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Judge Schindlin Issues Latest Order on E-Discovery Focused on Metadata

March 22, 2011
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A federal judge in the Southern District of New York, who has authored several frequently cited opinions about e-discovery, recently issued an opinion regarding the production of metadata in e-discovery. In National Day Laborer Organizing Network v. Immigration Customs Enforcement Agency, 2011 WL 381625 (S.D.N.Y. Feb 7, 2011), Judge Sheindlin held that metadata maintained by an agency as part of an electronic record is presumptively producible in response to a request for records under the Freedom of Information Act (“FOIA”). Although the case arises in the context of the FOIA, the opinion also addresses obligations that arise under Federal Rules of Civil Procedure 26 and 34, and much of the opinion’s reasoning could be applied to e-discovery in any civil case.

In National Day Laborer Organizing Network, the plaintiffs requested records from government agencies pursuant to the FOIA. When certain records were produced, the plaintiffs complained that the records were produced in an unsearchable PDF format. The plaintiffs requested the Court to order the government to produce electronically stored information (“ESI”) in accordance with Plaintiff’s Proposed Protocol. The Proposed Protocol would require the bulk of ESI to be produced in TIFF image format with corresponding load files containing 24 specific fields of metadata, Bates stamping, and the preservation of the relationship between each attachment and its parent record. Plaintiffs requested that spreadsheets be produced in both native format and TIFF format and that hard copy records be produced in TIFF format with corresponding load files.

The Court adopted nearly all of the requirements of Plaintiff’s Proposed Protocol, seeking to balance the burden on the government with the plaintiff’s need to conduct an efficient review. The Court reasoned that certain metadata is an “integral or intrinsic part of an electronic record,” and recognized “the need to produce reasonably accessible metadata that will enable the receiving party to have the same ability to access, search, and display the information as the producing party.”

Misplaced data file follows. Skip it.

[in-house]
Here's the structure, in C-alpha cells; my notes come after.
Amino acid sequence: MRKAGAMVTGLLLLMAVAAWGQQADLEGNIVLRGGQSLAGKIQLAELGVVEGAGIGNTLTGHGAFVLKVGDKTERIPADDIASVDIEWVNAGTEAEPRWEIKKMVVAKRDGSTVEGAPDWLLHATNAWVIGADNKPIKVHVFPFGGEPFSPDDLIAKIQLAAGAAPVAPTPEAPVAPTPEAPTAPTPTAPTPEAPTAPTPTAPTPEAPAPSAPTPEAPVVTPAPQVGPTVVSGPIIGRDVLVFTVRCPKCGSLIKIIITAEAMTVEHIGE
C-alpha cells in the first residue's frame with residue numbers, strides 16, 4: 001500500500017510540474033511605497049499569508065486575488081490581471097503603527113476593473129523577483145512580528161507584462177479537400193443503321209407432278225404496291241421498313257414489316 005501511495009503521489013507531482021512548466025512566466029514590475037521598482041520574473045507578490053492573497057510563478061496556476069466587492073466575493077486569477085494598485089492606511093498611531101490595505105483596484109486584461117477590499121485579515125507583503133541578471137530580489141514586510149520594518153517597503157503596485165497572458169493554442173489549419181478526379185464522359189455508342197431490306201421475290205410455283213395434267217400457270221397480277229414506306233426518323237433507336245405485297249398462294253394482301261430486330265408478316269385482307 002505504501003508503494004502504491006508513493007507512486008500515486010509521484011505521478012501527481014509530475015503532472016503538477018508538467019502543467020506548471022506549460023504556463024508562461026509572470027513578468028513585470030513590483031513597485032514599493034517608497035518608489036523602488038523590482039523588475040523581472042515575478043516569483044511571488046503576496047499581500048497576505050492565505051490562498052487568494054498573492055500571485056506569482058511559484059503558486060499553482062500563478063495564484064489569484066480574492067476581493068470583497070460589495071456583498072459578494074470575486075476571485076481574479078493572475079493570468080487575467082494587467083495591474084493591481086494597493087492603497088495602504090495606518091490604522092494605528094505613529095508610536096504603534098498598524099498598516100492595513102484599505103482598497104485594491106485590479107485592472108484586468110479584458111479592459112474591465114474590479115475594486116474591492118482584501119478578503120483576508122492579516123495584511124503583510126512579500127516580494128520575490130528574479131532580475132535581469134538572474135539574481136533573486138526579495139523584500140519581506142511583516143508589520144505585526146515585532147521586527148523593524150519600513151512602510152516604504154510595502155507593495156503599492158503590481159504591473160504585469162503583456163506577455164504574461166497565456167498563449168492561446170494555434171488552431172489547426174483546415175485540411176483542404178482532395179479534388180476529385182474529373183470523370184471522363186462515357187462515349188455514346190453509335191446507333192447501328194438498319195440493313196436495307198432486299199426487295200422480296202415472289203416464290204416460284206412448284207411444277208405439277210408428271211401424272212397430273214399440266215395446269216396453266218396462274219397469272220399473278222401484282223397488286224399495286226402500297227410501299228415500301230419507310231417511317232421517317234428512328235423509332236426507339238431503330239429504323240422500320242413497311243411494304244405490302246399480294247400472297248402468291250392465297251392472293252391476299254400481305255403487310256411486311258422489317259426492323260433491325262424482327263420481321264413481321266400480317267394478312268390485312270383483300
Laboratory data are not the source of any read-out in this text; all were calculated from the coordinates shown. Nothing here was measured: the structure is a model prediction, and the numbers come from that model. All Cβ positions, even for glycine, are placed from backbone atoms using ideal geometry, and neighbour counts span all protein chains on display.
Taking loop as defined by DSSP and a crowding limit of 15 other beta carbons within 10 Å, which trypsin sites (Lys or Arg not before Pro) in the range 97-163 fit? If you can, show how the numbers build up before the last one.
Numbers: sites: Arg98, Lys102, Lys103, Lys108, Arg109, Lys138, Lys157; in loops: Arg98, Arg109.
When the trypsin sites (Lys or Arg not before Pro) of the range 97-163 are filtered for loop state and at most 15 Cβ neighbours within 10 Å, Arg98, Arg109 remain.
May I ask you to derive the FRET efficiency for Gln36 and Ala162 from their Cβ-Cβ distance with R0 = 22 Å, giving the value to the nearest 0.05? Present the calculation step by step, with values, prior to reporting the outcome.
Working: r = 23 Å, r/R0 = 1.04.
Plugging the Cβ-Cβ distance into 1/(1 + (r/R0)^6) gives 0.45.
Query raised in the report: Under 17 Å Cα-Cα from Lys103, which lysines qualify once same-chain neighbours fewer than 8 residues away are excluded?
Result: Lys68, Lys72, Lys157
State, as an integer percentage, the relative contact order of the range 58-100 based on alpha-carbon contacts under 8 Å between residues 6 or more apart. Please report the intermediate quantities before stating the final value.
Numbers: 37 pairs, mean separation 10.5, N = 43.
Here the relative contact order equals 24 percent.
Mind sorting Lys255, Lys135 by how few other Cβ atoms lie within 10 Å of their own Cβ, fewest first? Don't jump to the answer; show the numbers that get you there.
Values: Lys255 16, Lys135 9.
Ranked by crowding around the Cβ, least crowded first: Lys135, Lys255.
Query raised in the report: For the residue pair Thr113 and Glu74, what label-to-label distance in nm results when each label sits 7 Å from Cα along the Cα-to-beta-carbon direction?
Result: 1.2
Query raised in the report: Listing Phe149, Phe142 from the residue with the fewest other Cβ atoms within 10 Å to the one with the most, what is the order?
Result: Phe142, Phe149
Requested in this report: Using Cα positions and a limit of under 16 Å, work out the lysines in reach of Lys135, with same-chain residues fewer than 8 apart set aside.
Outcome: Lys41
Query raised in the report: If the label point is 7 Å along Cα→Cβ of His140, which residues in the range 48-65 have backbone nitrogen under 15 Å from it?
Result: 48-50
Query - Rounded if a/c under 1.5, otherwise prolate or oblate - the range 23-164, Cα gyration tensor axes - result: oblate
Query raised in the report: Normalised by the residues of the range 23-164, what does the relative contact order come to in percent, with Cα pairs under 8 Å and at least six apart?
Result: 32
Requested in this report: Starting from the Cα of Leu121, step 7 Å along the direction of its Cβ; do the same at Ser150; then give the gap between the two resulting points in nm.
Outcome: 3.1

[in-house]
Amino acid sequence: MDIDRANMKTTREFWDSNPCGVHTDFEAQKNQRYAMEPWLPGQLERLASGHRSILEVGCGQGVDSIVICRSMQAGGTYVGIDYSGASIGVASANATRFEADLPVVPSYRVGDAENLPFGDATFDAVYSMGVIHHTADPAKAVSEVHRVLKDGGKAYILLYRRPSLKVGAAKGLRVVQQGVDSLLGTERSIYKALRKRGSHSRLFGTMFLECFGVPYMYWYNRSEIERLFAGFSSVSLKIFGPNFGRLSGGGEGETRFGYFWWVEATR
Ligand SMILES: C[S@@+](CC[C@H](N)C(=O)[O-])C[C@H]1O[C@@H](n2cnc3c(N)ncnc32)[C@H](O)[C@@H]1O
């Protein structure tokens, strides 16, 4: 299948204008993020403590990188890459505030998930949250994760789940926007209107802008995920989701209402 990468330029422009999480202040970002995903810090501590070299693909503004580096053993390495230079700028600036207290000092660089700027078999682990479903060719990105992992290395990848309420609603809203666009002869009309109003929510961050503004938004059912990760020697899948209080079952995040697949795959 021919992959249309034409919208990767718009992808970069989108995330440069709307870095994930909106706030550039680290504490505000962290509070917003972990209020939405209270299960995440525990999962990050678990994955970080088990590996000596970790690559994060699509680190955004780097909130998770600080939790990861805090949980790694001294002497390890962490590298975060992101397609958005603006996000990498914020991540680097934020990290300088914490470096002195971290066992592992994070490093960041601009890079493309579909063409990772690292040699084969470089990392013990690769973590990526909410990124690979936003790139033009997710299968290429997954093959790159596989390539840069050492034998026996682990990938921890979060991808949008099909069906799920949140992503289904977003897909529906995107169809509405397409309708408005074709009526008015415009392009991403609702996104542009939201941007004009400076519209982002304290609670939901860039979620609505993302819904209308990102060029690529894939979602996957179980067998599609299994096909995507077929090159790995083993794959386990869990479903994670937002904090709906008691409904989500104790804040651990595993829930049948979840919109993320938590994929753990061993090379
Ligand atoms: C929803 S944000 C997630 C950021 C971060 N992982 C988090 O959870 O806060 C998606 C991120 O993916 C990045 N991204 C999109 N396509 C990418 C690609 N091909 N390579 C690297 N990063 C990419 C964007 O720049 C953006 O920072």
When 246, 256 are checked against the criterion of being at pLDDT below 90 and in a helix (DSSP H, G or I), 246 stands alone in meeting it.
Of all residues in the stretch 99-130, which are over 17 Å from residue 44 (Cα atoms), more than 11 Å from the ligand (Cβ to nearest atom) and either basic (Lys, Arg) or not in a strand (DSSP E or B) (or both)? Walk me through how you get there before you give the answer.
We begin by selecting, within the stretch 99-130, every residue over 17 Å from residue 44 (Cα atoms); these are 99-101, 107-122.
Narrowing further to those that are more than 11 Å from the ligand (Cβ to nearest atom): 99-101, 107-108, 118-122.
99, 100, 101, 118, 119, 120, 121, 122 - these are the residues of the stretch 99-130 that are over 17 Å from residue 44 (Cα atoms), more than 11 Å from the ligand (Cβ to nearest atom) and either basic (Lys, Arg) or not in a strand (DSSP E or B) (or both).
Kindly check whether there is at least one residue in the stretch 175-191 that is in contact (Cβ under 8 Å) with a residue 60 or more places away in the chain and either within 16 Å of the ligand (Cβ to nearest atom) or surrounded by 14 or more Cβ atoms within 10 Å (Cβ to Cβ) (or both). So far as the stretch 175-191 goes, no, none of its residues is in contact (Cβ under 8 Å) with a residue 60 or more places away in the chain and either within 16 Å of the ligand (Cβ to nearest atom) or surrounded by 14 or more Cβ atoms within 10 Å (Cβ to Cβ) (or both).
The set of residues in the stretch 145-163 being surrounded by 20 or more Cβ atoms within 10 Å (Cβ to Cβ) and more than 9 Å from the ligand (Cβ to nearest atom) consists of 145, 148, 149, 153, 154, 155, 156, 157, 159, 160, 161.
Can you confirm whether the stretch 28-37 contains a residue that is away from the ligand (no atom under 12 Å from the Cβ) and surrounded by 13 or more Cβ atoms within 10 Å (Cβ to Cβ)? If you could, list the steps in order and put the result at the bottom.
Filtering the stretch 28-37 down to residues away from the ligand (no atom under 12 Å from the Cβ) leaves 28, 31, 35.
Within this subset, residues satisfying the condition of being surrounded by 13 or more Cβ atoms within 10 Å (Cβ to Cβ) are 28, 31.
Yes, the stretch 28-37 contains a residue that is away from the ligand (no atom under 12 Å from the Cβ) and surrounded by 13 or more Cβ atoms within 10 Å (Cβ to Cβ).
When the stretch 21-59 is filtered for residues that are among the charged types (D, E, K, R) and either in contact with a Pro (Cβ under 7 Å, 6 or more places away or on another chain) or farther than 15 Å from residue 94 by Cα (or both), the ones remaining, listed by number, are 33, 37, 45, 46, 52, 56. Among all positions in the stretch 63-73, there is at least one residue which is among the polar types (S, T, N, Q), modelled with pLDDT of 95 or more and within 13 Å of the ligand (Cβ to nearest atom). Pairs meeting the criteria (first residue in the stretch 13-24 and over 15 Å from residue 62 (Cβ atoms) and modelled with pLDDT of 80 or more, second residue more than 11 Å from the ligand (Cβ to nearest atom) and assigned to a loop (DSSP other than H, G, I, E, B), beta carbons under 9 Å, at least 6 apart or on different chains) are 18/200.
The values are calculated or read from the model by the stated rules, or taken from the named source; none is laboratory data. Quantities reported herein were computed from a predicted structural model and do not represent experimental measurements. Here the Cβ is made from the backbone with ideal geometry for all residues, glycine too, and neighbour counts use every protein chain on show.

In reaching this balance, the Court admonished counsel for not having the “good sense” to meet and confer, cooperate, and make every effort to communicate as to the form in which ESI would be produced. The parties did not reach an agreement regarding the form of ESI production. As a result, the government was required to re-produce many records at its own expense.

In light of this opinion and others regarding e-discovery, litigators should be mindful of metadata both when requesting documents and when producing documents. The requesting party should specifically request production of metadata. The responding party should anticipate the obligation to produce metadata and should preserve its electronic records accordingly. In any event, both parties should be mindful of their obligations to cooperate and communicate regarding the form in which ESI will be produced.


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